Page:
On a bright early morning in Sibiu, a small picturesque city in Transylvania, the spire of its impressive Evangelical church glows as the main town square begins to bustle with locals and tourists.
To anyone familiar with Sibiu, it is unsurprising that Romania, which currently holds the presidency of the EU Council, will host a key EU “Future of Europe” summit here this week, ahead of EU parliamentary elections later this month.
This city, compact and cultural, cuts a figure as European as any of its EU counterparts: it is steeped in history, has impressive architecture, quaint cobbled streets and squares lined with coffee shops and restaurants.
“In 2007, Sibiu was an EU cultural capital, this city is beautiful,” says 20-year-old Iulia Ivan, a barista at ThereFresh, a modern coffee shop in Piata Mare, Sibiu’s main square. Ivan says that young people with ideas are attracted to the city to start businesses. The array of trendy coffee shops and restaurants that have cropped up in recent years appear to corroborate her statement.
Indeed, the EU leaders, or anyone visiting Sibiu, a city that offers visitors a rare combination of slow-paced, relaxing getaway and active, culture-packed city break, is in for a treat.
Everything worth visiting in Sibiu can be explored by foot, which means the two central squares, Piata Mica and Piata Mare, both of which boast splendid, centuries-old architecture, can make for ideal starting or resting points around which to focus your sight-seeing.
Sibiu has a long, rich, multicultural history which can be a welcome dimension for the culturally curious traveller eager to learn the history of their surroundings.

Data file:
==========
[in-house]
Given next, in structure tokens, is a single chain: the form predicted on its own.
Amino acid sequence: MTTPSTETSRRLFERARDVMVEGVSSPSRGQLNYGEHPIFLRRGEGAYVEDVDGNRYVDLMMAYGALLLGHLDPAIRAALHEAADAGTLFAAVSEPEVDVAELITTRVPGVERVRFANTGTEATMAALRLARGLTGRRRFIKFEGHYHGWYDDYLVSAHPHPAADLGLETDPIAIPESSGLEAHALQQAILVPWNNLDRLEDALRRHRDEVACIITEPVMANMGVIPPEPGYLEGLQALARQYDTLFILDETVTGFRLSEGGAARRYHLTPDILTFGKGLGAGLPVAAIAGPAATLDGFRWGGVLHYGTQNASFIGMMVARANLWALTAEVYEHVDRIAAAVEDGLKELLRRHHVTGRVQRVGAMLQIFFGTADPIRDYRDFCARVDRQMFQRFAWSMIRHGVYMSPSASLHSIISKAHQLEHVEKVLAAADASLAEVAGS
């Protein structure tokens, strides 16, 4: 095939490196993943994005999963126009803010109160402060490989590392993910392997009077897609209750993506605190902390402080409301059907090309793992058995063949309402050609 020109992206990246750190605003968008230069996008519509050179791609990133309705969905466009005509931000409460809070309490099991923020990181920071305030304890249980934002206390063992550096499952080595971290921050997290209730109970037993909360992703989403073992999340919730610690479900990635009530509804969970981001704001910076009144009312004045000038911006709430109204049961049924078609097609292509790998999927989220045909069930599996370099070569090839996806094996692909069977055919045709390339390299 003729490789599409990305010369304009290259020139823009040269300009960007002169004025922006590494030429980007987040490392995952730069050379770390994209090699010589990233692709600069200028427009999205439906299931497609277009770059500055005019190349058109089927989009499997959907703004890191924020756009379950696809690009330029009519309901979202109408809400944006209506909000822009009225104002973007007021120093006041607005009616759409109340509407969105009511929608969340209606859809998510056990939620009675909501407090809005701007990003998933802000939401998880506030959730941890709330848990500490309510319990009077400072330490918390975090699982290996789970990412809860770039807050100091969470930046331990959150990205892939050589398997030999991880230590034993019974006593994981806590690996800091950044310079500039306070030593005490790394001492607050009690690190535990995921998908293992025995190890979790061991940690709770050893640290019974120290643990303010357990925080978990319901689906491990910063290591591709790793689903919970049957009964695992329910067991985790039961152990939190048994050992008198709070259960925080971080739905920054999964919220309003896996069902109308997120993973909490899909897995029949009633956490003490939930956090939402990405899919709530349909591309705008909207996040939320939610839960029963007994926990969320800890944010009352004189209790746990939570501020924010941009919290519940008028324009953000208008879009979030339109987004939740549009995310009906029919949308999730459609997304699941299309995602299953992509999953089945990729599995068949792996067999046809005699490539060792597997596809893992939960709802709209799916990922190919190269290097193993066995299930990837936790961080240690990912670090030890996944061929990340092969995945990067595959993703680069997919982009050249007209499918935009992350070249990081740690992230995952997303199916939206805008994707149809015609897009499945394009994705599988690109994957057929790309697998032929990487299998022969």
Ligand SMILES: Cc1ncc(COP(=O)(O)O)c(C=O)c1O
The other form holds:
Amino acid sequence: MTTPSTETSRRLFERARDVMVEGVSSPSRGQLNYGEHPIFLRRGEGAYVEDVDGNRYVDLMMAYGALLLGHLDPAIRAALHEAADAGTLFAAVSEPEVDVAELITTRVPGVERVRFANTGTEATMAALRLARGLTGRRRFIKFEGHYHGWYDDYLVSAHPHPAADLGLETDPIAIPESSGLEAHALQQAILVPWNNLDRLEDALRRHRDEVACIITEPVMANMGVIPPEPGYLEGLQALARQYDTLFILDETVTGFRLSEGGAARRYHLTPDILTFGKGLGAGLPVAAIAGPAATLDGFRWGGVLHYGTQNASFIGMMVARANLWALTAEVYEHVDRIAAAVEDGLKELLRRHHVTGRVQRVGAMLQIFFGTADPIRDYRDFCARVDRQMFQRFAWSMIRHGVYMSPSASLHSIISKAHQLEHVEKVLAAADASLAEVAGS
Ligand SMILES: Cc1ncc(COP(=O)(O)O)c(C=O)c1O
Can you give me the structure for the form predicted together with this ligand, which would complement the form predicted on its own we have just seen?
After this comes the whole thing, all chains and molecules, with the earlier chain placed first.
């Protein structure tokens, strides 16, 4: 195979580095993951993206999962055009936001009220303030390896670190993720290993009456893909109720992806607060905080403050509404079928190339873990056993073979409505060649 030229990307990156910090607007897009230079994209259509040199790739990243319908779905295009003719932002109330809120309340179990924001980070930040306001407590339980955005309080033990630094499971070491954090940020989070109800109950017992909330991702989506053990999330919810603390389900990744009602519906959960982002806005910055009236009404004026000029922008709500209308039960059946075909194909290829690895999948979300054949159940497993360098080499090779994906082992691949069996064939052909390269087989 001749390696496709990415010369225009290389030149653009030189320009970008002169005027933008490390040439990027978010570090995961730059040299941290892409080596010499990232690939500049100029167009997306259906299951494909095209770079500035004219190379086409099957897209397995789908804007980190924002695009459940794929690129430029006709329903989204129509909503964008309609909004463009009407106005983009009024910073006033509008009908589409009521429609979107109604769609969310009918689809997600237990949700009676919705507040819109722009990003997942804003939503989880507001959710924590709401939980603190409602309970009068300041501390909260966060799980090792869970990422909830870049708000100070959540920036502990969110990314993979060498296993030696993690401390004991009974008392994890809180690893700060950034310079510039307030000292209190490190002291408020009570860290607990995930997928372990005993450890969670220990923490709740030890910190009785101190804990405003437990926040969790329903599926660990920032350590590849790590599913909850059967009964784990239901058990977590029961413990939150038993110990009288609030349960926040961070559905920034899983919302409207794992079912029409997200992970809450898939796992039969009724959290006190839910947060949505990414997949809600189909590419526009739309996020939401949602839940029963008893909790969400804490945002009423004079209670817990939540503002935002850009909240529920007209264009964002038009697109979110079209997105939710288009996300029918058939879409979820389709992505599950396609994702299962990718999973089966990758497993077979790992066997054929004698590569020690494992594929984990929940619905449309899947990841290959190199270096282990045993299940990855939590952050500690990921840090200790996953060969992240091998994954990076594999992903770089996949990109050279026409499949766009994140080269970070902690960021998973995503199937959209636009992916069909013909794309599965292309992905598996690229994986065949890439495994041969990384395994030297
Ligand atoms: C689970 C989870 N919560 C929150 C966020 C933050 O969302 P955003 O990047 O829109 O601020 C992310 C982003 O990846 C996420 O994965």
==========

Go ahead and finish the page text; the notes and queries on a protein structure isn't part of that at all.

The city was founded in the 13th-century by Transylvania’s ethnic Saxons, a German-speaking tribe who settled in the region to protect the area from Eastern invaders. They have left an indelible mark on the city and the wider Transylvanian region. Many of the distinctive, pastel-coloured buildings look as though they were designed for a fairytale, while Sibiu’s fortification towers, which helped to protect the city as far back as the 15th-century, are well worth visiting on a brisk city walk.
Just off the main square is the notable 18th-century Brukenthal National Museum, situated in a superb Baroque building where you can see impressive artwork from the 15th to the 18th-century. While the city’s permanent cultural spots are reason enough to warrant a visit, Sibiu also hosts myriad cultural events, from classic car shows to a jazz festival, from a food festival to a film festival — there is seldom a shortage of things going on. You can also take a short 2.5-mile bus ride from the centre to the ASTRA National Museum, an open-air ethnographic museum on Romanian civilisation.
In recent years, the standard of Sibiu’s eateries has also grown impressively; there is now an array of excellent independent restaurants to choose from.
On the corner of a quiet street adjacent to the main square is Hochmeister, a charming bistro aptly named after Martin Hochmeister, a local Saxon printmaker who printed the first guide to the city in 1790 and who published a popular newspaper for the once-thriving Saxon community.
The restaurant’s Scandinavian-style interior (not to mention the sizeable children’s playroom – a gift to parents) makes for a vibrant, relaxed space to enjoy a decent plate of food – from lamb tagliatelle to chocolate tart, matched by a well-selected list of local wines.
In Sibiu, you’ll rarely be more than a short stroll away from your digs, and it’s a beautiful city to explore by night.
While there are numerous hotels to stay at in Sibiu, renting an old city dwelling can make for a much richer experience. You can book a heritage apartment through Visit Transylvania for around £30-£50 per night. The fully equipped Historian’s House, which sleeps five, is spacious and boasts exposed wooden ceiling beams and a host of old Saxon furniture, which will give you a keener sense of Transylvania’s early settlers.
The budget airline, WizzAir, flies daily from Luton to Sibiu, with return flights as little as £50 – ideal for a weekend escape.
As night draws in on a peaceful Sunday evening, Romanian and EU flags flutter in the wind anticipating the arrival of the bloc’s bigwigs, who will discuss solutions to the EU’s various problems, including Brexit. A short stroll around their host city, however, should remind them of what they’re trying to hold together.